The abstract factory pattern

The abstract factory pattern provides an interface for creating related objects, while hiding the choice of their concrete classes in implementations of that interface.

The power of an abstract factory comes from the fact that we can use it to make interchangeable factories in order to separate the implementation details of the created objects from their usage – an application might work on a Button, for example, with a ButtonFactory providing a SquareButton or a RoundButton, depending on its concrete implementation (SquareWidgetsFactory or RoundWidgetsFactory).

Usage example

Let’s assume we’re making a game in which aliens are invading Earth. It’s going to have varied environments, i.e. one level will take place on Earth, while another – in space.
Each of these environments is going to need its own types of enemies: Earth levels should provide ground troops (aliens with pistols and plasma guns) and in space one would expect to see various spaceships. Additionally, we want to have enemies of varying difficulty.

We’re going to create an abstract factory to provide us two types of enemies – Easy Enemies and Hard Enemies.

First, we create an interface that every easy enemy in the game is going to implement:

public interface EasyEnemy {
    public void shoot();
}

And then one for every hard enemy:

public interface HardEnemy {
    public void shootAndEvade();
}

We create our enemy classes, implementing the EasyEnemy and HardEnemy interfaces:

public class PistolAlien implements EasyEnemy {
    public void shoot() {
        System.out.println("I'm an alien shooting a pistol");
    }
}

public class PlasmaGunAlien implements HardEnemy {
    public void shootAndEvade() {
        System.out.println("I'm an alien shooting a plasma gun");
    }
}

public class LaserSpaceship implements EasyEnemy {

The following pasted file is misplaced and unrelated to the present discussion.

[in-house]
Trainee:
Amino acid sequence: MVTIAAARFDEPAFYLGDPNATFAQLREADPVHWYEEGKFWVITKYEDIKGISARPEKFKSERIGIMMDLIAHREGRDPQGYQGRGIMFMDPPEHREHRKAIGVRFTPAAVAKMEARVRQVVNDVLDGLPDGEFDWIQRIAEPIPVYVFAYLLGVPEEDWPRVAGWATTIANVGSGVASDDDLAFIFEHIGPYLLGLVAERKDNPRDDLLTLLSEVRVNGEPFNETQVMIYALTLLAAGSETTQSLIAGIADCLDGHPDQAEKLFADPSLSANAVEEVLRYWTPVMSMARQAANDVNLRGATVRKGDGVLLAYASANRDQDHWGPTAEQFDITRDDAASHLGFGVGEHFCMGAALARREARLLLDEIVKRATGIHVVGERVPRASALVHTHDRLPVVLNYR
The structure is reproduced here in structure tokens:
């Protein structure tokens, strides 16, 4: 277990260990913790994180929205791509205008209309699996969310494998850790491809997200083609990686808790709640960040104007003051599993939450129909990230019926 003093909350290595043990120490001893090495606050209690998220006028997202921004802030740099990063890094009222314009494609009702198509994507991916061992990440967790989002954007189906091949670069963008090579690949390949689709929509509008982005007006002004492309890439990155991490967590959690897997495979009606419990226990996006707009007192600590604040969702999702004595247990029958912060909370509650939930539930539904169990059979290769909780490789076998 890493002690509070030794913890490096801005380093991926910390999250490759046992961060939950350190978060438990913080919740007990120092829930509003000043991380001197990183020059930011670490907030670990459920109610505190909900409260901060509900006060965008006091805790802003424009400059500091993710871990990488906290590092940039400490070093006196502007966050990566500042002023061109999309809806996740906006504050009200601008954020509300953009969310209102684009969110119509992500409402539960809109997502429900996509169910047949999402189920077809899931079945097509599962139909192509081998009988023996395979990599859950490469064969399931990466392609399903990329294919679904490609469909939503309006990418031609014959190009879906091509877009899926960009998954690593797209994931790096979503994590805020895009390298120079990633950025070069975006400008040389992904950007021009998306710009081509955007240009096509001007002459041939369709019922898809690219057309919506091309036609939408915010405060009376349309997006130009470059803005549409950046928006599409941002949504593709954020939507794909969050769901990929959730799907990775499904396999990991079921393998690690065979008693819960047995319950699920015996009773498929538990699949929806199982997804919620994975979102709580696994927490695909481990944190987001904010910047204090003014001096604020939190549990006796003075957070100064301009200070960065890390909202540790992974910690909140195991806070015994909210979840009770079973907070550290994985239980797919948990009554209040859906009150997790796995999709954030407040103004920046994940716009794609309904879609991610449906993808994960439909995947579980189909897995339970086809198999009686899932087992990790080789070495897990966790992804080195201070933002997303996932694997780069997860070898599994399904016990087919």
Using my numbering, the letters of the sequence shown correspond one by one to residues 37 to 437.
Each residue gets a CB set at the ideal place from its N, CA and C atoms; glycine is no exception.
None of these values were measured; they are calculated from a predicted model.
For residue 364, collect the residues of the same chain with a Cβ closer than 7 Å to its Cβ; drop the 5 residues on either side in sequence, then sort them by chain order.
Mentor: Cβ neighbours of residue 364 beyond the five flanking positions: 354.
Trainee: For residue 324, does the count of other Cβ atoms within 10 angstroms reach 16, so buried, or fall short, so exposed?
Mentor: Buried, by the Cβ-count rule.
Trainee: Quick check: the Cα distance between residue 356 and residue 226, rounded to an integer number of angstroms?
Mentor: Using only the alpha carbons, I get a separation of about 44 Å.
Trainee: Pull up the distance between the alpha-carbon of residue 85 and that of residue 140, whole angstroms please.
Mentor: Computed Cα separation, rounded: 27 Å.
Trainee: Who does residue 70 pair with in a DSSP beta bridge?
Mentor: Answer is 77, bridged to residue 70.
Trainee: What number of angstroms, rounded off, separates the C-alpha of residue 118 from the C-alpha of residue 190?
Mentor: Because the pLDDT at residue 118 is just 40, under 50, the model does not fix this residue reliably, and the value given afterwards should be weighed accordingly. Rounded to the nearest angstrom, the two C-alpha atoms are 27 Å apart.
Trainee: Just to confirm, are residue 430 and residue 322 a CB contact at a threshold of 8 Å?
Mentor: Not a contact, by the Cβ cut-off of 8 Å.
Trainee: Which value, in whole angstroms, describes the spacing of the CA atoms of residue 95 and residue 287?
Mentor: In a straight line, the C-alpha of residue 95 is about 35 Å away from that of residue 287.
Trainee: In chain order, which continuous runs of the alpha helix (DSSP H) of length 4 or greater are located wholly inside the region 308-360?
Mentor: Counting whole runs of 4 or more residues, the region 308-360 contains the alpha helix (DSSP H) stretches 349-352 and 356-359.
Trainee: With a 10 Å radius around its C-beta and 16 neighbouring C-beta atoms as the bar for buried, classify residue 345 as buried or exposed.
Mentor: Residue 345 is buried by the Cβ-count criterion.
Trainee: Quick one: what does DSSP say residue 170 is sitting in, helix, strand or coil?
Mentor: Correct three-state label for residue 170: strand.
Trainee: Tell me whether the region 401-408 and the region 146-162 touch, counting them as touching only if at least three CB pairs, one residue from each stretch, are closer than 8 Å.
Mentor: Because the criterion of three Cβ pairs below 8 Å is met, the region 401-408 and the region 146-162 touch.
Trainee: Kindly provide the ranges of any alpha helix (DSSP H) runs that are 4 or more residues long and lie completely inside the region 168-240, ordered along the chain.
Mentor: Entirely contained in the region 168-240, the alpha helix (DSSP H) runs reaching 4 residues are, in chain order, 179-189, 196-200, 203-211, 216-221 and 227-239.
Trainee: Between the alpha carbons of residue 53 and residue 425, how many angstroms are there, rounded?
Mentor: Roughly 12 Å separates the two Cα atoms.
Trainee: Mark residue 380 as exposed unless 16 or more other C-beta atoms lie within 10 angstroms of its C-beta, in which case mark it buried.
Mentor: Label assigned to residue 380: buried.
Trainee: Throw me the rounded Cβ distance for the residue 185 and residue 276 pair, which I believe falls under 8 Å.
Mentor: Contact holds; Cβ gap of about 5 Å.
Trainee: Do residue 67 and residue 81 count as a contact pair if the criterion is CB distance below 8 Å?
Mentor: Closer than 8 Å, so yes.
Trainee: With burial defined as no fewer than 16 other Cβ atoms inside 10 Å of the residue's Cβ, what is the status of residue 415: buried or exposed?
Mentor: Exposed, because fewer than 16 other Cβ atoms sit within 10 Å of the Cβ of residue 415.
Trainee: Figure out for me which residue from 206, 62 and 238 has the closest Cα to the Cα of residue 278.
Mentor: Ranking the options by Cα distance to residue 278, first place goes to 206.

public void shoot() {
        System.out.println("I'm a spaceship shooting lasers");
    }
}

public class RocketSpaceship implements HardEnemy {
    public void shootAndEvade() {
        System.out.println("I'm a spaceship shooting rockets");
    }
}

Next, we need an interface for our enemy factories (the key to the abstract factory pattern):

public interface EnemyFactory {
    EasyEnemy makeEasyEnemy();
    HardEnemy makeHardEnemy();
}

We use this interface for an Alien Factory:

public class AlienFactory implements EnemyFactory {
    public EasyEnemy makeEasyEnemy() {
        return new PistolAlien();
    }

    public HardEnemy makeHardEnemy() {
        return new PlasmaGunAlien();
    }
}

And a Spaceship Factory:

public class SpaceshipFactory implements EnemyFactory {
    public EasyEnemy makeEasyEnemy() {
        return new LaserSpaceship();
    }

    public HardEnemy makeHardEnemy() {
        return new RocketSpaceship();
    }
}

Finally, we glue it all together in our application:

public class AbstractFactoryExample {
    public static void main(String[] args) {
        makeEnemiesAndShoot(new SpaceshipFactory());
        makeEnemiesAndShoot(new AlienFactory());
    }

    private static void makeEnemiesAndShoot(final EnemyFactory enemyFactory) {
        EasyEnemy easyEnemy = enemyFactory.makeEasyEnemy();
        HardEnemy hardEnemy = enemyFactory.makeHardEnemy();
        easyEnemy.shoot();
        hardEnemy.shootAndEvade();
    }

}

The makeEnemiesAndShoot(...)method takes an EnemyFactory object and uses it to create instances of EasyEnemy and HardEnemy, which then shoot() and shootAndEvade(). This way, we can pass it a SpaceshipFactory (and have the game create spaceships) or an AlienFactory (and have the game create ground troops), with the code working on an abstract factory, giving us much flexibility.

Other use cases

It’s a useful pattern whenever you encounter related components with interchangeable implementations, such as widgets. We could use an abstract factory to create form widgets based on a theme. We could have an abstract widget factory and use concrete implementations of it for each theme that we use in our system.

Daniel Frąk Written by:

Be First to Comment

    Leave a Reply

    Your email address will not be published. Required fields are marked *